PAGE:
The problem with Facebook: I had passed along some funny item. As it turns out, though, the original cover of Tails had been Photoshopped to remove the comma after the word cooking, this giving the post a whole new meaning. Read about it here.
The wife of a World War II soldier waited for more than 68 years for solid proof that her husband is either dead or alive. Then she learned the stunning truth in Normandy, France. Steve Hartman reports. A sad, maddening, and ultimately, touching story.
Mark Evanier tells the The Ray Bradbury-Julius Schwartz-Al Feldstein Story, at the San Diego Comic Con. Part 1 and Part 2 and Part 3 and Part 4.
Also: Ray Bradbury: 1950s comics’ illustrated man.
The British sense of personal privacy is very different from the American one. Asking someone’s name, even implicitly by offering yours, is a premature violation of that privacy until some goodwill has already been established between you.
From Alan David Doane: Continue reading
Chris, with whom I have been having an interesting dialogue on Facebook about human nature, wants to know:
What do you think about other religions? Is it just “different strokes for different folks,” or are some religions better than others, or a mix? Where do you think other religions belong in Christianity?
A lot of how I view other religions is based on the bias I have seen within Christianity, including by myself. When I was growing up, I wouldn’t say anything, but I thought those Catholics who had “dirt” on their foreheads on Ash Wednesday looked silly. As a bit of cosmic comeuppance, in my last two (Protestant) churches, we now apply ashes on our foreheads on the first day of Lent.
I recall the first time I was allowed to take Communion at a Roman Catholic Church, on some important anniversary Continue reading
I’m listening to the Kinks recently, not surprising since Ray Davies’ birthday was June 23. The song Come Dancing came on, and, oddly, I got all melancholy.
The lyrics begin:
They put a parking lot on a piece of land
Where the supermarket used to stand.
Before that they put up a bowling alley
On the site that used to be the local Palais.
It reminded me Continue reading
First, Chris, in answer to my answer, writes:
You bring up Andrew Jackson and the Trail of Tears. However, my husband is studying for a military exam, and the honors that his company won during the “Indian Wars” is considered part of their venerable history… And then I think of Hitler and Genghis Khan and I wonder, were they genuinely trying to do good by their own?
Which is why I picked him over the more obvious choice such as Hitler. History, at least the history most of us have read, has already assigned Hitler with the “evil” mantle; he doesn’t need me. Whereas Jackson’s place in history is a more of mixed bag. I have an ex who could talk your ear off (probably not literally, though I’m not sure) on the topic. I would submit that GWB’s war in Iraq may have been – OK, probably was, in his mind – initiated by “trying to do good” for his own people; didn’t make it right. I daresay most ethnic cleansing are done to “protect” one group from “the other” (see: Rwanda or Yugoslavia in the 1990s for recent examples). Whether the “good intentions” of mass murder is relevant inevitably will be written by the historians.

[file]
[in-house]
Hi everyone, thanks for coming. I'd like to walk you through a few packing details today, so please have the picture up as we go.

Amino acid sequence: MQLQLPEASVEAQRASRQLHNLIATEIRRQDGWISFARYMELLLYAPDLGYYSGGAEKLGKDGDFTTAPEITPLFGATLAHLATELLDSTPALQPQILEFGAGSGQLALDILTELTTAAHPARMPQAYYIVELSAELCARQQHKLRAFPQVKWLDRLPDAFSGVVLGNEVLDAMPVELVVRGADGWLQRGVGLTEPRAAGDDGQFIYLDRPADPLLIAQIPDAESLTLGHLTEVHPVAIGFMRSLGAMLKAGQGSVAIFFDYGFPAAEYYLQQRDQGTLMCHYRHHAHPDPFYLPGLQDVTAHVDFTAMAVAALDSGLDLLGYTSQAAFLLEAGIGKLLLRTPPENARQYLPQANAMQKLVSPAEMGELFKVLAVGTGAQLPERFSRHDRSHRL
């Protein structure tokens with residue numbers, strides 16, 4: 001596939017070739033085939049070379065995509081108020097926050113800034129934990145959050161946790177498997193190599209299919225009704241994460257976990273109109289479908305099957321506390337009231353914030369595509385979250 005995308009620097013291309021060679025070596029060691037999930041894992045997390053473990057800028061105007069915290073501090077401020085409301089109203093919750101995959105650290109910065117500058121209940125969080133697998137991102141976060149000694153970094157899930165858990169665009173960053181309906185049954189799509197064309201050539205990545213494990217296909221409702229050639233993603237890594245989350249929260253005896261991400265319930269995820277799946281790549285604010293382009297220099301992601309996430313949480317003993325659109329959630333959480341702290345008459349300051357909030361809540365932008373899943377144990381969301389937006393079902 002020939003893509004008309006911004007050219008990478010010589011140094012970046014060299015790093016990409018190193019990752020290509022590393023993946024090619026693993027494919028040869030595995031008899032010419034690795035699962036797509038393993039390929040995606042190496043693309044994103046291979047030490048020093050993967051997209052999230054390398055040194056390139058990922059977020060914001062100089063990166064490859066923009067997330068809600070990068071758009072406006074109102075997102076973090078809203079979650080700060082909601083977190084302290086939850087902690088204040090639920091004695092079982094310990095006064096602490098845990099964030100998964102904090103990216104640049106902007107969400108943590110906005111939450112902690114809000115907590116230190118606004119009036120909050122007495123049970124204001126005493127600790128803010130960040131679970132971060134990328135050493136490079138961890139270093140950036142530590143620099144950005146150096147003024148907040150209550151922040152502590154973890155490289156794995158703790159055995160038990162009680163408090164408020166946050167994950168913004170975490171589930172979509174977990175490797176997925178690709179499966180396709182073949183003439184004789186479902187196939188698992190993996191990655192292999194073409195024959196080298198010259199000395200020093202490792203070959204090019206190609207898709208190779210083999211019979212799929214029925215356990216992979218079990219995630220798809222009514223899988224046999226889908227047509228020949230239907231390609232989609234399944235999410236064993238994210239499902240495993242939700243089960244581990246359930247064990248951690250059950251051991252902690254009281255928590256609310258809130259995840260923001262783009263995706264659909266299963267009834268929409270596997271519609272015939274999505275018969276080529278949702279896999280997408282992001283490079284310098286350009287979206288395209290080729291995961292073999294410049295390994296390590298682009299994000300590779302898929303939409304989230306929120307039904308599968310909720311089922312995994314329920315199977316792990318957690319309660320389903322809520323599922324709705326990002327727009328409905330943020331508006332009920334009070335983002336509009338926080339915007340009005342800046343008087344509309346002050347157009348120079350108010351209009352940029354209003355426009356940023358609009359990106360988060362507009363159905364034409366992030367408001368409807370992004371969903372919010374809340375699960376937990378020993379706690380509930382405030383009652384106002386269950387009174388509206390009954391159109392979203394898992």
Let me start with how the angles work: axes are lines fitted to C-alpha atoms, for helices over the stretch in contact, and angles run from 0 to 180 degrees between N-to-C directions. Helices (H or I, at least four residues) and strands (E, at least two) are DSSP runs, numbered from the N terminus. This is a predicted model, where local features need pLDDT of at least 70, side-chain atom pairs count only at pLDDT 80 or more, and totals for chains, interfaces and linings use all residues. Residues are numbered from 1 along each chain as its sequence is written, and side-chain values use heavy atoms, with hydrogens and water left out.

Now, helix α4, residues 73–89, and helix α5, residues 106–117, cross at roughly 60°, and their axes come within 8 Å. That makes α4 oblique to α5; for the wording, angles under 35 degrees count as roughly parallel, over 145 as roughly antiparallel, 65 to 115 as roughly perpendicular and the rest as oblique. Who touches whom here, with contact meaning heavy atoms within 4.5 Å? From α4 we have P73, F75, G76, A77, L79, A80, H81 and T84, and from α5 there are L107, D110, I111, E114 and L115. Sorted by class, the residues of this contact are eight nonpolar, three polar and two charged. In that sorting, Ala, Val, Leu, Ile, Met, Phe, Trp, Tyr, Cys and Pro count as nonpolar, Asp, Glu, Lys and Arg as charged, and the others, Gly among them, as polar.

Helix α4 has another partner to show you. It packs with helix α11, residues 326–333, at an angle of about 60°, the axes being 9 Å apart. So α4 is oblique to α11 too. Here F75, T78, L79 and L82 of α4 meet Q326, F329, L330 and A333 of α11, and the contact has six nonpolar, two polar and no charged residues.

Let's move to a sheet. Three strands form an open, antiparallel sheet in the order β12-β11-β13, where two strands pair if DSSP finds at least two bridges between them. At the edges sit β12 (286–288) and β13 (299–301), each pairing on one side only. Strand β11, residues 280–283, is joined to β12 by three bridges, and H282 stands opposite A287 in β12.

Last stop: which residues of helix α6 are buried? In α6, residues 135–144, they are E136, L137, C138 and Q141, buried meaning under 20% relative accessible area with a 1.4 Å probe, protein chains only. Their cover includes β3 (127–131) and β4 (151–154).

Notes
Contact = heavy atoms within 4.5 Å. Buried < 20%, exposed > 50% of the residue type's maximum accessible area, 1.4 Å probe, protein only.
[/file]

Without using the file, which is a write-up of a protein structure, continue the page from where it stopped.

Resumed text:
Maybe a better question is “What do you consider evil?” What is good and what is evil, really?
For years, part of the running shtick between my wife and me has been this: I ask her a question. She responds to the question. Then I ask the question again, because, while I have some information, I often don’t have the ANSWER. I must say that, early on, it used to drive me crazy. Now, I just recognize it as just the way it is.
Here’s an example from a couple months ago. I had seen some fresh strawberries in the refrigerator earlier, so I asked her where they had gone. She replied Continue reading
After our trip to Newport, RI in April, we stopped for a day in Mystic, Connecticut to see the Mystic Aquarium. The daughter especially loved the beluga whales. But it was by sheer happenstance that we arrived the very day a new exhibit about the Titanic opened. We learned quite a bit about Dr. Robert Ballard, whose team found the Titanic in 1985.
Robert Ballard was a kid – born in the Midwest, but growing up in San Diego, California – who identified with Captain Nemo in the Jules Verne novel 20,000 Leagues Under the Sea. So he logically asked what real jobs would point him in that direction. Ultimately, he earned Continue reading
Answering more Ask Roger Anything questions:
Tom the Mayor, who I know personally, pondered:
Here is a hard one Roger! Who do you think will win the presidential election?
I went to 270towin.com. The map there suggests that Obama has 217 likely electoral votes, and Romney with 191 electoral votes, with 130 electoral votes listed as a tossup. Three states in that latter category are hugely important – Florida (29), Pennsylvania (20), and Ohio (18). I suspect that whoever wins at least 2 out of 3 will probably win the White House.
Some statistical piece – I can’t find it presently – states that the Republicans were far better Continue reading
(Title inspired by We can’t see DeForest for the trees.)
Dan from albanyweblog.com griped:
Okay Roger… How come it’s so damn hot right now?
I want a thorough answer.
I went to Google and put in why is it so damn hot. Unfortunately, all that got me is why certain types are hot, e.g., “Why are Canadian girls so damn hot?” Continue reading
OK, so the solstice was actually yesterday at 23:09; this is close enough.
This is one of those times of the year when you get to ask Roger just about anything. Did I suggest “just about”? Nay, I say, anything, ANYTHING. Now, faced with a TMI question Continue reading